But when Ananias heard this, he fell down and died.
John looked at me, and I looked back at him, both of us stunned. I then looked down at Ananias’ dead body, and then again back at John. We were both in sort of a trance. The Spirit’s presence was still heavy in the room, and the aftershock was palpable. Matthew, ever the sensible one, motioned to some of the younger men to come forward, so they wrapped up his body, and carried him out and buried him.
I was uneasy, and my spirit was restless and agitated, so I did the only thing I knew to do: I knelt down and prayed. All of us did. We asked the Lord to forgive Ananias, and to show us what to do about Sapphira. I needed the Spirit’s guidance, and I was not going to get up off my knees until I was sure of what he wanted me to do.
I was learning to wait on the Holy Spirit’s clarity and his guidance.
About three hours later Sapphira came in, not knowing what had happened. Without thinking in advance, relying solely on the direction of the Holy Spirit, I showed her the money and asked her, “Tell me, is this the price you and Ananias got for the land?”
“Yes,” she said, “that is the price.”
“How could you conspire to test the Spirit of the Lord?” I cried out, exasperated at this point by her stubborn heart. “Listen! The feet of the men who buried your husband are at the door, and they will carry you out also.”
At that moment she fell down at my feet and died. Then the young men came in, and finding her dead, carried her out and buried her beside her husband. In the days following this a great fear seized our family of brothers and sisters, and all who heard about these events. Can you imagine? I struggled to understand what seemed to me to be an unnecessarily brute harshness on the part of the Lord.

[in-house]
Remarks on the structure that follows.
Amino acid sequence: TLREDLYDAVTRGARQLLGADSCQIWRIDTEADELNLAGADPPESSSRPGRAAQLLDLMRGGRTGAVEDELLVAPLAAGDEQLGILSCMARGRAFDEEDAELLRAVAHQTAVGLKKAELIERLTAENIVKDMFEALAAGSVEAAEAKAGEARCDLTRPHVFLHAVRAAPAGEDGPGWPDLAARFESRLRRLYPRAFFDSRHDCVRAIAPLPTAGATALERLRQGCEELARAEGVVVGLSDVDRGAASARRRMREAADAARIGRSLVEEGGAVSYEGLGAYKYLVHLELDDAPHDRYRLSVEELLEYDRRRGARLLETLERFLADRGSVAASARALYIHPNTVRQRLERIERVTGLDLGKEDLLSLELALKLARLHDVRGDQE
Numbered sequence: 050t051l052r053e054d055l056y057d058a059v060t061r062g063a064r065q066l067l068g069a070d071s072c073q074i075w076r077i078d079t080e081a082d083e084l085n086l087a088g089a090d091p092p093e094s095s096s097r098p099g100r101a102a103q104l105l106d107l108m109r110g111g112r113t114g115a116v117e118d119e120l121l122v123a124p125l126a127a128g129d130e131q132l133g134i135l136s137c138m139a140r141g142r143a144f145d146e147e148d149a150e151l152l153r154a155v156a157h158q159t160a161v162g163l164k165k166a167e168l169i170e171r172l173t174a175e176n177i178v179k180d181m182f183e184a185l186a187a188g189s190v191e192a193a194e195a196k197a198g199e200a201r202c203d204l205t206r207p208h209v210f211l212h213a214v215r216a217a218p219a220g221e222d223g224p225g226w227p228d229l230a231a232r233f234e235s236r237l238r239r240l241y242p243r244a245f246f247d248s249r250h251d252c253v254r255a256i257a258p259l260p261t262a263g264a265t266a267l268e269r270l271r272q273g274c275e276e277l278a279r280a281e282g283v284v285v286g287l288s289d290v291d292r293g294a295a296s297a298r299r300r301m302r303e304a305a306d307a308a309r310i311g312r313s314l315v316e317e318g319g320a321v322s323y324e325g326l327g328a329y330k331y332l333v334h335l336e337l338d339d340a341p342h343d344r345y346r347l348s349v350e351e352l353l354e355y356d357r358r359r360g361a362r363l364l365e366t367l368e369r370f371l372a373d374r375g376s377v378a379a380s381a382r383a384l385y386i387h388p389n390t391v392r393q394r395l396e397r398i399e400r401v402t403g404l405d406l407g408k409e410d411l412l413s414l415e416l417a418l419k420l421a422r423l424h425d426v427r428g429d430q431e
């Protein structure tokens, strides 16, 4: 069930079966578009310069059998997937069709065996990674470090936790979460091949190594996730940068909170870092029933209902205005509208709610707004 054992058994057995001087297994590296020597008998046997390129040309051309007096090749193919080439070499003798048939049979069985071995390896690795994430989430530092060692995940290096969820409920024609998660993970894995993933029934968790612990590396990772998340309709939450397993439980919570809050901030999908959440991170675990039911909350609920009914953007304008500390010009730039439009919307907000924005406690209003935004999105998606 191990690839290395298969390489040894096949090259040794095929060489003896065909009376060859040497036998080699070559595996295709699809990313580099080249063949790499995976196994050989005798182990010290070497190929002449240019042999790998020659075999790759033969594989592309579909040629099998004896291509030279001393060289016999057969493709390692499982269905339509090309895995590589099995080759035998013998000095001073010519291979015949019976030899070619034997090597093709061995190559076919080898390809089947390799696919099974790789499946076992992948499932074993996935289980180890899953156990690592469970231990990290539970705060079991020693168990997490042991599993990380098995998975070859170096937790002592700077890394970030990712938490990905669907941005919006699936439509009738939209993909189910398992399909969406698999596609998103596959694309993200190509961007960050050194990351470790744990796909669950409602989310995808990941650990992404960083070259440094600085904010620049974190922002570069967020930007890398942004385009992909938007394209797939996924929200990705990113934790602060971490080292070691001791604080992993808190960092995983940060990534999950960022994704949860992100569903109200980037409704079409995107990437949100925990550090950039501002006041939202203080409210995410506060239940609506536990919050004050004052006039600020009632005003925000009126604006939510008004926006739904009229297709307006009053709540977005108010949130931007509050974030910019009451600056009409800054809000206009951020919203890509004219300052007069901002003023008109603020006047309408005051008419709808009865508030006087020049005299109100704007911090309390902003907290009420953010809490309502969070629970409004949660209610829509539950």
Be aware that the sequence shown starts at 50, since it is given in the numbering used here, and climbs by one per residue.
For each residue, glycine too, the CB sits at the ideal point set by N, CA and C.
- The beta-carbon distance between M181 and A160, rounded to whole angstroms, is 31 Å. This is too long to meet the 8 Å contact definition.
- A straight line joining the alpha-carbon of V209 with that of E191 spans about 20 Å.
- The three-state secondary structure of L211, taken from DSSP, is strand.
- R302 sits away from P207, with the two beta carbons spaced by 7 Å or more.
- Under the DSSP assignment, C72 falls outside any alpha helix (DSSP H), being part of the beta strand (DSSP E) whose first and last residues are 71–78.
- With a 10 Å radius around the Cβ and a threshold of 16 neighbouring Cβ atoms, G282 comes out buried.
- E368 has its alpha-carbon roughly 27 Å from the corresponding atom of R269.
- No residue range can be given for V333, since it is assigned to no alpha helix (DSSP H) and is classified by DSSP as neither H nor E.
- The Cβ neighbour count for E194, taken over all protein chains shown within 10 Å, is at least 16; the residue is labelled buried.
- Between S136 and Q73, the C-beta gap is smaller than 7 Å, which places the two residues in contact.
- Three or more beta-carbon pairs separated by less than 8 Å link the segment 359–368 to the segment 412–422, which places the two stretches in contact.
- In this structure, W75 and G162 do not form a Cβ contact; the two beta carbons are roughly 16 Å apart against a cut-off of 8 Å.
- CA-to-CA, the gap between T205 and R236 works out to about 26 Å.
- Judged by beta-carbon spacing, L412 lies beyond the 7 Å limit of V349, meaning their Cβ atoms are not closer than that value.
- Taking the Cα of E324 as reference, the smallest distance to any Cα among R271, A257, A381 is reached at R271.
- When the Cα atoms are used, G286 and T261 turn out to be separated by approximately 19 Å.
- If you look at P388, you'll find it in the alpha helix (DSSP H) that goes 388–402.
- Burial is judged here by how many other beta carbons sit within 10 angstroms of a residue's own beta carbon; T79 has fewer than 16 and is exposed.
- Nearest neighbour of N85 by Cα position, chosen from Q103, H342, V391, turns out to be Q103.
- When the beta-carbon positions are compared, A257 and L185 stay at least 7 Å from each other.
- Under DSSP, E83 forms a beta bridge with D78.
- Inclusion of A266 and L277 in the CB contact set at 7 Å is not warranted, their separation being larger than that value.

My words were meant to convict Ananias and Sapphira, and hopefully to direct them back to Jesus, not to condemn them. I didn’t care about the money; I cared about their hearts, and their ultimate eternal damnation. Yes, they had lied to the Holy Spirit, but he could take care of himself. I had hoped this public embarrassment might be the thing to wake Ananias and Sapphira up, so they could see the hole in their heart, and turn back to salvation.
Why would he take the life of these two people? What they had done was not that bad, was it? I just couldn’t reconcile a death sentence for someone being greedy. As I prayed and pondered this, the Holy Spirit took me back to our Hebrew scriptures, and the story of our emerging Israelite nation.
Back during those early days, as God’s people struggled to establish themselves in the Promised Land, God told them to wipe out their enemies, every man, woman and child. They did not follow his command, and ultimately the sinful people from the surrounding nations who were spared infiltrated the Israelite community and saturated it with their sin.
God told Solomon to stay away from foreign wives, but he didn’t do it. And it cost him dearly. Sin is like yeast in dough: a little will work its way through until it infiltrates and affects every fiber of the dough – and every fiber of you.
I believe the Spirit was telling us that like the emerging Israelites, our new community of Believers could not tolerate such greedy sin among us. As with the sinful nations in the Promised Land, Ananias and Sapphira had to be removed. It was a harsh lesson about the dark side of the greedy heart, and the sin that so often emanates from within such a heart.
It was also a harsh lesson in the power of the Holy Spirit, to be so intimately involved in the details of our lives. Ananias and Sapphira would have been a dark yeast among our new family of Believers, and the Spirit would not allow this to happen, at least not at this early time.
This Holy Spirit is active, involved in the details, personable, and boy is he powerful. I wonder if you are starting to see him this way, and if you are starting to involve him in your details?